A gash in brown vinyl, stuffing and spring exposed under harsh glare: The picture, of the seat of a ragged chair in close-up, is the least human of Deana Lawson’s overwhelmingly human pictures in her just-opened exhibition at the Institute of Contemporary Art. Or is it? The cheap, careworn hide suggests many things — neglect, decay, unraveling. Its title suggests something else: She calls it “Portal”: a view in, a window to. And that, ultimately, is what Lawson’s work is all about.
“Portal” is one of the last pictures installed here, in a show of more than 50 of her works made over almost two decades. Modest and apart from the frank fleshiness her pictures often capture — in “Axis,” 2018, three women pose naked, synchronized in a prone pirouette on a gaudy floral-print rug; in “Living Room,” 2015, a nude woman stands with her arms resting tenderly on the shoulders of a shirtless man seated in a chair in front of her in a room filled with boxes — “Portal” both diverges from and encapsulates Lawson’s broader project.
Her pictures are overwhelmingly internal, private, interior, and intimate, often unsettlingly so — views into quotidian Black life, historically all but absent in the photographic canon. Just being there felt like intruding; in her later works, Lawson seemed to confirm that feeling, some pictures framed with mirrors so you can’t help but see yourself looking (”Axis” is one of those). Even so, the implication is less accusation than invitation. It’s a reminder that who you are informs what you see, a dynamic the pictures quietly reinforce with a determined air of mystery. Like any art worth your time, Lawson’s work leaves ample space — sometimes uncomfortably — for each of us to reconcile our own place in the everyday epic that is her pictorial world.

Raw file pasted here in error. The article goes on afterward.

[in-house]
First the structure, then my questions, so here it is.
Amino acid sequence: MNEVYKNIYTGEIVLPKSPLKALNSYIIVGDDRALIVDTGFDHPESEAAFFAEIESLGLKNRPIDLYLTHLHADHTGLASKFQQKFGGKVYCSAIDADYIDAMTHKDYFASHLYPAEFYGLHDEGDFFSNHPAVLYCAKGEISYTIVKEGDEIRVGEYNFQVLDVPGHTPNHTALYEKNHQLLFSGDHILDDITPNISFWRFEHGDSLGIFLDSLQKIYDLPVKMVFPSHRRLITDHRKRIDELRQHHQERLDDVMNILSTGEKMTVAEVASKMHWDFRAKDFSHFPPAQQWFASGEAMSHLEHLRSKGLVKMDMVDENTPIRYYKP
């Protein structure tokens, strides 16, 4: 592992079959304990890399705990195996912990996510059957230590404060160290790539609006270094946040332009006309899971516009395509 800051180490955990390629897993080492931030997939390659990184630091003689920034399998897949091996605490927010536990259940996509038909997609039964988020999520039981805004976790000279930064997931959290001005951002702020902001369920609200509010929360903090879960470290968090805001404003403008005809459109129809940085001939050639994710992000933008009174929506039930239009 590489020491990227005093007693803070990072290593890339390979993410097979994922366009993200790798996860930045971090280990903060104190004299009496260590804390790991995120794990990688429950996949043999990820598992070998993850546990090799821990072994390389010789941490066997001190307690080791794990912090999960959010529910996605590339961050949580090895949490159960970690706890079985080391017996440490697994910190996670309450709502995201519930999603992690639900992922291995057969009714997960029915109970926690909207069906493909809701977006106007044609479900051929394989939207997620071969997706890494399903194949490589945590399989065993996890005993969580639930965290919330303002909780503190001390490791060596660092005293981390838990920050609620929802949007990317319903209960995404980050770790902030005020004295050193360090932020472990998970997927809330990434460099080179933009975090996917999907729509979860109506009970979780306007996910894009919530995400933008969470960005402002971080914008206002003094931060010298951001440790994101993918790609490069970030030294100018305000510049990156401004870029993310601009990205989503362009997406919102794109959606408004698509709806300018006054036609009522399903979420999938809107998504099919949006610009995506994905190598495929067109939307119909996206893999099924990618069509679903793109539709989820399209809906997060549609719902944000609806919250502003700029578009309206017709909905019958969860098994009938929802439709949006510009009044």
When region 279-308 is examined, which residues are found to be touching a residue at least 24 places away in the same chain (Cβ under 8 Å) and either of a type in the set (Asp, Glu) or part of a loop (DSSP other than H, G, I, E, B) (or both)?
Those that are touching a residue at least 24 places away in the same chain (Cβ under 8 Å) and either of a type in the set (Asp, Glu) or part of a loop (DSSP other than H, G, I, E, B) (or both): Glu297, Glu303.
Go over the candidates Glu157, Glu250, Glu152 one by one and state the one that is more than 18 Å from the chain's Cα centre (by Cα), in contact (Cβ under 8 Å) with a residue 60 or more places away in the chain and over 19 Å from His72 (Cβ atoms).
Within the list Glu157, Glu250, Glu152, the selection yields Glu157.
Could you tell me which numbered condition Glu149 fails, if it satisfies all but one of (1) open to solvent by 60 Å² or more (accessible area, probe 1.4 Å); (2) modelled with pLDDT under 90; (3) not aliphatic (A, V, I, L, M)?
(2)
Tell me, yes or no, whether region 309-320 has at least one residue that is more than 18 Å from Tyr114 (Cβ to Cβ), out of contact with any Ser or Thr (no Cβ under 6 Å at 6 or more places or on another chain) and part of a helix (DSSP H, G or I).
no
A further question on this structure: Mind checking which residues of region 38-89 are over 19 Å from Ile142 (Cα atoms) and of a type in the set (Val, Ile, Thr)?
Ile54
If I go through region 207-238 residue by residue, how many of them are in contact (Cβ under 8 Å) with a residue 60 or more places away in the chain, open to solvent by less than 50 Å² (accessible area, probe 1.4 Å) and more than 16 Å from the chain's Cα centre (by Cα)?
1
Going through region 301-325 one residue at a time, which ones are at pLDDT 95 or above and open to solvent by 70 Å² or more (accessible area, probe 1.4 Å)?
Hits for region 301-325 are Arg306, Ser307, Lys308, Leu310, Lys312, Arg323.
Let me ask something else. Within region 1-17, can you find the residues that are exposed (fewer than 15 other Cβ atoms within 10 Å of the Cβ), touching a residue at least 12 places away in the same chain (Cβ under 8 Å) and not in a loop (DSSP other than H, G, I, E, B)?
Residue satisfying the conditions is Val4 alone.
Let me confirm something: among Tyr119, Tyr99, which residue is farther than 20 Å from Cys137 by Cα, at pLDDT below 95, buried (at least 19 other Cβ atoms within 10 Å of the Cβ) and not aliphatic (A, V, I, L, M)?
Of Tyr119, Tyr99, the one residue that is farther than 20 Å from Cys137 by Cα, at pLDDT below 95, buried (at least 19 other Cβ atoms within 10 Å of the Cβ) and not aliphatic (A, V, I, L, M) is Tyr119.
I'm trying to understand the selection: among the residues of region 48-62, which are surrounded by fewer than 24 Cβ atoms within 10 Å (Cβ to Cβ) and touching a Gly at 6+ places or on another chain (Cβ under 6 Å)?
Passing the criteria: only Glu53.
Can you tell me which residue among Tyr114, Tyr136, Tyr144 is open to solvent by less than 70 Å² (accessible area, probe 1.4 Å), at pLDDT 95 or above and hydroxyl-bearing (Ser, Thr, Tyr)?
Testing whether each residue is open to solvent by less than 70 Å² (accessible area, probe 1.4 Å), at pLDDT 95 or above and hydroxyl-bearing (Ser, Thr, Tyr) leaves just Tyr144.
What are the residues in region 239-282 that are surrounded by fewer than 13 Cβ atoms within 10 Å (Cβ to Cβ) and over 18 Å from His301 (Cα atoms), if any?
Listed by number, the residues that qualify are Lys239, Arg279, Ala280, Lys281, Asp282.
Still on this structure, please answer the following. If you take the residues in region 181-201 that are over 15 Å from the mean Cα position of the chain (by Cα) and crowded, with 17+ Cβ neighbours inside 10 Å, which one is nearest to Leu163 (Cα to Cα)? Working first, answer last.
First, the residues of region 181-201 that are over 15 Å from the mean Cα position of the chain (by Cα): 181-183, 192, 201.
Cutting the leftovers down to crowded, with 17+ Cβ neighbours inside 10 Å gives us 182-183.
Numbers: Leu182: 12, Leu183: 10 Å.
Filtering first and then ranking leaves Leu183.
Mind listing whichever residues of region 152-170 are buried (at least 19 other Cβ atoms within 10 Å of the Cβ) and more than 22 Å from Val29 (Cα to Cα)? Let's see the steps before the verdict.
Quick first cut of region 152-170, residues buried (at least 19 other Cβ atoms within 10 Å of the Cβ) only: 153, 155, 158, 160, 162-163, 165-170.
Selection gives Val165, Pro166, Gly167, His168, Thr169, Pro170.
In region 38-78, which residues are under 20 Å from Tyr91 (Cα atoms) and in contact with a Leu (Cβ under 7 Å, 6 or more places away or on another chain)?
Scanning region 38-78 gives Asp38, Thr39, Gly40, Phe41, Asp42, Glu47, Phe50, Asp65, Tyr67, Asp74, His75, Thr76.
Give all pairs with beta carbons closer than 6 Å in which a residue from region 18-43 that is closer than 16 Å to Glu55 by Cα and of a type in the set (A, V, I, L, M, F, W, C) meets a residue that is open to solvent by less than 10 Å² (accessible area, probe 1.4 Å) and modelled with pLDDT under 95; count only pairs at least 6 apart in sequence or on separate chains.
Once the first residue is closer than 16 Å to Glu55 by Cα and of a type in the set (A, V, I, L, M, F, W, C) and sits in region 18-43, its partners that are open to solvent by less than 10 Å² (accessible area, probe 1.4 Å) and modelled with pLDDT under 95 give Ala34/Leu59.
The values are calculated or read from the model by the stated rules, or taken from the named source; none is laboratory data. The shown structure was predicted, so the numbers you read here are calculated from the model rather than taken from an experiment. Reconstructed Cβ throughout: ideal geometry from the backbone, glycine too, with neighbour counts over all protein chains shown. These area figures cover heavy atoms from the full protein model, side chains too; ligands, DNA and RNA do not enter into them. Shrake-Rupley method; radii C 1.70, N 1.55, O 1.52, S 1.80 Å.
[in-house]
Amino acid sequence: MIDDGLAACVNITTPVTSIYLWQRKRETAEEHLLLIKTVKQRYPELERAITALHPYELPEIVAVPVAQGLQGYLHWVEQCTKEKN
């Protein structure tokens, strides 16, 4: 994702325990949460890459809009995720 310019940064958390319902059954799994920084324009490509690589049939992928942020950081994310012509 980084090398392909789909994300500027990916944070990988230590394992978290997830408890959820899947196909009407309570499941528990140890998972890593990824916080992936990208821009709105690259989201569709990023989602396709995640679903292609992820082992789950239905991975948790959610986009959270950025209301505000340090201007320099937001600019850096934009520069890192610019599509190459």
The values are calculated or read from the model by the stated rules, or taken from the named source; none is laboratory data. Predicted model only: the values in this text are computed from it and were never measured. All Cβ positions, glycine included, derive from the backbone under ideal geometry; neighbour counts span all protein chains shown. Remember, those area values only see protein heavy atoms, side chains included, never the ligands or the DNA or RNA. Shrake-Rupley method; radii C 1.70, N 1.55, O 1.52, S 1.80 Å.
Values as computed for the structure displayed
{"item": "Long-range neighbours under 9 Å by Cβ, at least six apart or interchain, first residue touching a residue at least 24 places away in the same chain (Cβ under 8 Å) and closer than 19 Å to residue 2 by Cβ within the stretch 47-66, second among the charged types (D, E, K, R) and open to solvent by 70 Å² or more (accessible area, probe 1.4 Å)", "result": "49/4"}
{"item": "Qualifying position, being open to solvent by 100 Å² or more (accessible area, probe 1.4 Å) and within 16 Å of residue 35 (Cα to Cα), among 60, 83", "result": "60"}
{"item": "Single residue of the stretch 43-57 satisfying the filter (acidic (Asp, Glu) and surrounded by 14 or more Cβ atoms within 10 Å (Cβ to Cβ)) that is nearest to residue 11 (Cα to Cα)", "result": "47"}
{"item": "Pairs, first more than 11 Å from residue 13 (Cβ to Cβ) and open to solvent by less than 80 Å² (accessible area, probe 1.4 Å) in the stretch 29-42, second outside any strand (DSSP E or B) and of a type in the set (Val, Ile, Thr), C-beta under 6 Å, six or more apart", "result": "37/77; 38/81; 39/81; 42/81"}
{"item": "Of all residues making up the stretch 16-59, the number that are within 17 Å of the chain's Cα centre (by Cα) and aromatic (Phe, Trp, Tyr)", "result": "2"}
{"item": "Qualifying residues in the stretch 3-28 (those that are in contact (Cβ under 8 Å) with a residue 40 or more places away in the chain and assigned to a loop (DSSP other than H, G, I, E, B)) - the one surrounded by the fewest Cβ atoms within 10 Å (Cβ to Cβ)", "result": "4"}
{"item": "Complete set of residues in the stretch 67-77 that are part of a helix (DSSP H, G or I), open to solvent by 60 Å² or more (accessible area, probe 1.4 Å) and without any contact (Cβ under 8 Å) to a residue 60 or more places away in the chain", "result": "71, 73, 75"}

Her photographs, largely, are serene, contemplative, and rarely confrontational; they brim with detail and nuance, however outwardly frank. The work tucks neatly into various streams of art history, near and far. You can see in the epic scale and intricate stage-managing of Lawson’s pictures a nod to the centuries-old convention of European history painting, Great Works depicting Great Men — all of them white — turned to the service of ennobling everyday Black life.
More closely, you can draw a straight line to the Pictures Generation in the 1970s and ‘80s and artists like Jeff Wall, whose mannered, highly-posed photographs directly deconstructed history painting by rebuilding specific works for the camera as critique of both the canon and contemporary world itself. In Wall’s hands, Eugène Delacroix’s “The Death of Sardanapalus,” a scene of ferocious, Bacchanalian carnage and excess, became a ransacked flophouse bedroom.